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New Tubers Offered for Growers and Gardeners / December 15, 2000 / News from the USDA Agricultural Research Service

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Photo: In a potato cellar, geneticist Richard Novy (right) and plant pathologist Dennis Corsini examine quality of tubers from the Aberdeen breeding program after cold storage. Link to photo information

For more details, see Agricultural Research.

New Tubers Offered for Growers and Gardeners

By Marcia Wood
December 15, 2000

An attractive, new, red-skinned potato called IdaRose tastes great and is perfect for producing at home or on the farm. Agricultural Research Service scientists Dennis L. Corsini at Aberdeen, Idaho, and Joseph J. Pavek, now retired, worked with university colleagues to develop the new variety.

IdaRose is ideal for home gardeners because it stores unusually well in a low cupboard or cool, dark, dry corner in the basement. In contrast, some kinds of potatoes tend to sprout soon after they’re stored at home.

Corsini and Pavek singled out IdaRose from other promising potatoes in 1984. After that, growers and university specialists in the western United States put the potato through more than a decade of rigorous tests. In nearly all trials, IdaRose produced just as many top-grade spuds as the widely-grown Red LaSoda red-skinned potato. IdaRose had a lower incidence of unsightly internal defects than Red LaSoda. And IdaRose consistently had the right balance of starch and water needed to ensure that the spud holds together well when steamed or boiled.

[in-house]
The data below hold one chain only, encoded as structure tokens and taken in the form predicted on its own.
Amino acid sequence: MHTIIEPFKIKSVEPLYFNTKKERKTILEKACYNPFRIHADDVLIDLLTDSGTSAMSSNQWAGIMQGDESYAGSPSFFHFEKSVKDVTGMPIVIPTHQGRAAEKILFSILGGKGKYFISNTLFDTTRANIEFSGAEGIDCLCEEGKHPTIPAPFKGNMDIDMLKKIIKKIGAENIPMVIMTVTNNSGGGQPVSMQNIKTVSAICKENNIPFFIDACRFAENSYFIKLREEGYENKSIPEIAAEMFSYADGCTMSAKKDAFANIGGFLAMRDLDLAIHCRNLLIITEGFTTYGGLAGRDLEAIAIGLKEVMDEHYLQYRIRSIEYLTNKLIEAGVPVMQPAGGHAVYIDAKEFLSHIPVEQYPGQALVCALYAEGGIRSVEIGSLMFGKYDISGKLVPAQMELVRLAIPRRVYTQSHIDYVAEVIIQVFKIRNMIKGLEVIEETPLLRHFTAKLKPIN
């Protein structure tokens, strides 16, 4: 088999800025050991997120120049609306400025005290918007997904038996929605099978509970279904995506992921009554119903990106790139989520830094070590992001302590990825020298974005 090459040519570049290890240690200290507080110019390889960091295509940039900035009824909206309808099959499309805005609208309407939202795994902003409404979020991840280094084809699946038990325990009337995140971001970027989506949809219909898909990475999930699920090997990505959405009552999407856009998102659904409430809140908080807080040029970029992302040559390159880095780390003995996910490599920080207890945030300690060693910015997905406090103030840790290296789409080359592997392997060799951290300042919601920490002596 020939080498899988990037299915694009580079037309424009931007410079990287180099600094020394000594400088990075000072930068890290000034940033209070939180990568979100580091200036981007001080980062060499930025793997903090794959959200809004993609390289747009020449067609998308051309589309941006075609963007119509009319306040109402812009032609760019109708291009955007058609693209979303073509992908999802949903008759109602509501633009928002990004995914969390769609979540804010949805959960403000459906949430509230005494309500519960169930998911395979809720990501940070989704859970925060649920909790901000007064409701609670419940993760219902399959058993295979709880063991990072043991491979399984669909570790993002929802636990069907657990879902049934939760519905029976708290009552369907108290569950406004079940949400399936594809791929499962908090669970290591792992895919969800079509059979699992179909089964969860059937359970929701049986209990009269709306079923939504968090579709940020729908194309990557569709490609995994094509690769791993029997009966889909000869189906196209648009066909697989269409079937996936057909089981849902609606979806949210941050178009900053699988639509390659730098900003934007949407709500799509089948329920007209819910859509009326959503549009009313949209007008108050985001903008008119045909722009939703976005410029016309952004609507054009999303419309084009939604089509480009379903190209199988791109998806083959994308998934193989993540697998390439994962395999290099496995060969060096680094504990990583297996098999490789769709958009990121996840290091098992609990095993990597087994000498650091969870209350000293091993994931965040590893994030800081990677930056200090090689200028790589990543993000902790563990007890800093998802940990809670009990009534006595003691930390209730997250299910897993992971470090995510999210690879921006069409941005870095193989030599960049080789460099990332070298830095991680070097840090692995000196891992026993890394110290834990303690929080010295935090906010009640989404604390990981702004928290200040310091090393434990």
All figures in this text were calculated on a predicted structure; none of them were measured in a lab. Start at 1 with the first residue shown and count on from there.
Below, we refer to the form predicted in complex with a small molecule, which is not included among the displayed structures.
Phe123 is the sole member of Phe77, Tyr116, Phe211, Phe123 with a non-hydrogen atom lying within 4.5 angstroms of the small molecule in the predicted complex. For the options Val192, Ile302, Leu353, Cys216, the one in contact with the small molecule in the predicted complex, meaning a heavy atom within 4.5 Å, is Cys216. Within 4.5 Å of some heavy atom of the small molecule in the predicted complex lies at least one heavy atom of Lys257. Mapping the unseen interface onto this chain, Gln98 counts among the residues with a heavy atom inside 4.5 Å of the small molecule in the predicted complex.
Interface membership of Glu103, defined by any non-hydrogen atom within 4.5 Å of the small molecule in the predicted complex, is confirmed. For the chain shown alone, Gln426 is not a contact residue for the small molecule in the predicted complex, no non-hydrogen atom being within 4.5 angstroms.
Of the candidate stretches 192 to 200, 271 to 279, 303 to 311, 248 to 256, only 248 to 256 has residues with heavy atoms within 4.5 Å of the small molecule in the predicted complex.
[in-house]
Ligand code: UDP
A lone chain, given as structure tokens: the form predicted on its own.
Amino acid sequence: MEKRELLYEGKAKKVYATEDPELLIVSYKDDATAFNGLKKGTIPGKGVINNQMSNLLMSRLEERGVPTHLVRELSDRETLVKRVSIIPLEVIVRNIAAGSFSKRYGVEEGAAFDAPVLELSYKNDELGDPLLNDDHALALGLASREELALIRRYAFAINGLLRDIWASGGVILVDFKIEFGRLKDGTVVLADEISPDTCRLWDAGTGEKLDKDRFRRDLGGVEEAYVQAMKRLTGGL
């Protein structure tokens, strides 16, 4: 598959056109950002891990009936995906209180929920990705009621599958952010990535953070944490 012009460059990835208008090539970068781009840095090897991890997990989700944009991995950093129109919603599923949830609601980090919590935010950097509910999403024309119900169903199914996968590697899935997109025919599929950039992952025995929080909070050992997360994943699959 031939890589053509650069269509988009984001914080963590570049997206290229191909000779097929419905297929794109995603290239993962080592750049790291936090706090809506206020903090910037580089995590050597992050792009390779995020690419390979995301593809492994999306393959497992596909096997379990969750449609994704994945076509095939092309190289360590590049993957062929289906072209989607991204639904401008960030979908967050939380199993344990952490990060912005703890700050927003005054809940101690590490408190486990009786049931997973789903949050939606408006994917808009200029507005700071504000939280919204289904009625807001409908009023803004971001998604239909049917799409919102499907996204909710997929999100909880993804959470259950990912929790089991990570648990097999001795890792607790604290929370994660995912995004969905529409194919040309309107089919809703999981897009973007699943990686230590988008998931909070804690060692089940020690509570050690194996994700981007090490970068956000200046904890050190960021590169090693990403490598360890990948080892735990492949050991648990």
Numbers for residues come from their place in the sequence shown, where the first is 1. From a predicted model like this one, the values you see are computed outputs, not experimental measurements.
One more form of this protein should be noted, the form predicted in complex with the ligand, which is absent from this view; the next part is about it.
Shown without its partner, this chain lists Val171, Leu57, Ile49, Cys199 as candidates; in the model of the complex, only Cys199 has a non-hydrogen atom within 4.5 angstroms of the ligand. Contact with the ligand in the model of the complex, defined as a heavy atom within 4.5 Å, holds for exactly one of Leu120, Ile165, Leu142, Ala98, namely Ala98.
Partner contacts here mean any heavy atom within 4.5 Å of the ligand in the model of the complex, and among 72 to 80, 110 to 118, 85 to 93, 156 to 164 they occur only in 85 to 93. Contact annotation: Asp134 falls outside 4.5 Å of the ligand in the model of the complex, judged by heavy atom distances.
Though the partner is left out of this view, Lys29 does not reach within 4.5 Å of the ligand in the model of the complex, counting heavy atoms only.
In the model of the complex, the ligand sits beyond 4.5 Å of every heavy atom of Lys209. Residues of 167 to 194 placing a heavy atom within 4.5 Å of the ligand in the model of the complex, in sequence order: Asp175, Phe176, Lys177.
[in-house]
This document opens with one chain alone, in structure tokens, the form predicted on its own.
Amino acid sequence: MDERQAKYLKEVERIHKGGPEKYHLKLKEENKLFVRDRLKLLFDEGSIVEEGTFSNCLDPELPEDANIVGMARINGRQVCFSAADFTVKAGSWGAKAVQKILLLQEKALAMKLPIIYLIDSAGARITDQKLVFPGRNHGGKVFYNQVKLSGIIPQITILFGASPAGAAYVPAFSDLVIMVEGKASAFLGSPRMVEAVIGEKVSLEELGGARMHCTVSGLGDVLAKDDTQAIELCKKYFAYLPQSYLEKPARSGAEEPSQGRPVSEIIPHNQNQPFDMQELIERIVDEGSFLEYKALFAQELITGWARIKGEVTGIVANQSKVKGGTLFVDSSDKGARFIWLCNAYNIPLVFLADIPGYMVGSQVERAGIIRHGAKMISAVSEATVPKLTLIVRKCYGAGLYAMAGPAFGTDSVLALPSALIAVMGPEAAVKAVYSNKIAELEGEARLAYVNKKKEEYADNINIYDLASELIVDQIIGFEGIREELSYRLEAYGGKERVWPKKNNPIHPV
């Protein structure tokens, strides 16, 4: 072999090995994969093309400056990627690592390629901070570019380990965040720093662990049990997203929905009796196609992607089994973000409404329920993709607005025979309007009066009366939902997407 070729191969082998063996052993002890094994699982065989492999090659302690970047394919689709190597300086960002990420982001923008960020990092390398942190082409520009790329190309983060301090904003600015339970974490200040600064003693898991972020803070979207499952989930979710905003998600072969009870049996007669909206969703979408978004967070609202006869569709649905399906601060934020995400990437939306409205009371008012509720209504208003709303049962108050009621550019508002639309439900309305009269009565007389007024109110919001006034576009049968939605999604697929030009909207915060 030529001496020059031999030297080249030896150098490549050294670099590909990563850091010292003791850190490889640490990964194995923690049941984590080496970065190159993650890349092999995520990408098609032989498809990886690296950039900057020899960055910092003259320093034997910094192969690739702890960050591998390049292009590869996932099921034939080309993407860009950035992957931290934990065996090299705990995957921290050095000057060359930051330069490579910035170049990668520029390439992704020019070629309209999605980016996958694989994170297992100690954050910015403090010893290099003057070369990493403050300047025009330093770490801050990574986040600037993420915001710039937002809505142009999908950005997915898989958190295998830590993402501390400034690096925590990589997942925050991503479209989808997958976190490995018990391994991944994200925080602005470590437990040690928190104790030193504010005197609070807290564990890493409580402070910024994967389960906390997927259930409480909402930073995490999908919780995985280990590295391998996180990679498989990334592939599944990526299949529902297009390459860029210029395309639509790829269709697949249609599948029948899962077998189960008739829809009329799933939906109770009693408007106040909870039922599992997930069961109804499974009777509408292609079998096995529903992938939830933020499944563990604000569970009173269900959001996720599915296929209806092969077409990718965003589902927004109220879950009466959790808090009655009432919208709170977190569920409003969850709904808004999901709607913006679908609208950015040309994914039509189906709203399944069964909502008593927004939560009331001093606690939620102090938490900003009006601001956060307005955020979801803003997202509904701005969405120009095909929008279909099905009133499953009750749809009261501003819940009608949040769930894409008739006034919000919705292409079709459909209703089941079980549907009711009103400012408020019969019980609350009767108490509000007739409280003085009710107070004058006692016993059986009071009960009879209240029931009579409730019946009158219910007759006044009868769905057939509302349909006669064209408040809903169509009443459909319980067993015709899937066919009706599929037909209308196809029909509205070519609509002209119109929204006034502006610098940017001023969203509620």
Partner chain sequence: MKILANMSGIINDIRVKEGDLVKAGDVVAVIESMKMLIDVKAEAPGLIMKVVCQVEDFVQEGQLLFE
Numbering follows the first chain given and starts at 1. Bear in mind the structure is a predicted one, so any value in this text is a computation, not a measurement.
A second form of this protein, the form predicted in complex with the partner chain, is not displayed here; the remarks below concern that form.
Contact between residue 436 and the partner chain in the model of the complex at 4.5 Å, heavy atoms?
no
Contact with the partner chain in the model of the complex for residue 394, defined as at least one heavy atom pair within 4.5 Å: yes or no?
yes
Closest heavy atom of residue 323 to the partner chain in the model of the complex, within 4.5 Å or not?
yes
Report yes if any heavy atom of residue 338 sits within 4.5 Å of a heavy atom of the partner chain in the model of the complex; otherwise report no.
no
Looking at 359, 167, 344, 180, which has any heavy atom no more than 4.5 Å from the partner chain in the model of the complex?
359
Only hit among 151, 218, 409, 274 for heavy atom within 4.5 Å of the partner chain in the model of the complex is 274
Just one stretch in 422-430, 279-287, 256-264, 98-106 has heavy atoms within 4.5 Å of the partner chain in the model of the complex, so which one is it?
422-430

Currently, more than a dozen farmers produce IdaRose seed potatoes. Most are sold to growers to start the following year's crop of IdaRose tubers for sale in supermarkets. But some seed tubers are bought for selling to home gardeners. Corsini says nearly all leading retail nurseries in Idaho's larger cities stock IdaRose for backyard gardeners.

IdaRose is one of several new varieties of potatoes that the ARS scientists at Aberdeen--in collaboration with researchers at Oregon State University, the University of Idaho, and Washington State University–have released within the past few years. IdaRose will be licensed through the University of Idaho.

For more details, see the December issue of ARS’ magazine, Agricultural Research.

ARS is the U.S. Department of Agriculture's chief scientific research agency.

Scientific contact: Dennis L. Corsini, ARS Small Grains and Potato Germplasm Research Unit, Aberdeen, Idaho, phone (208) 397-4181, fax (208) 397-4165, dcorsini@uidaho.edu.

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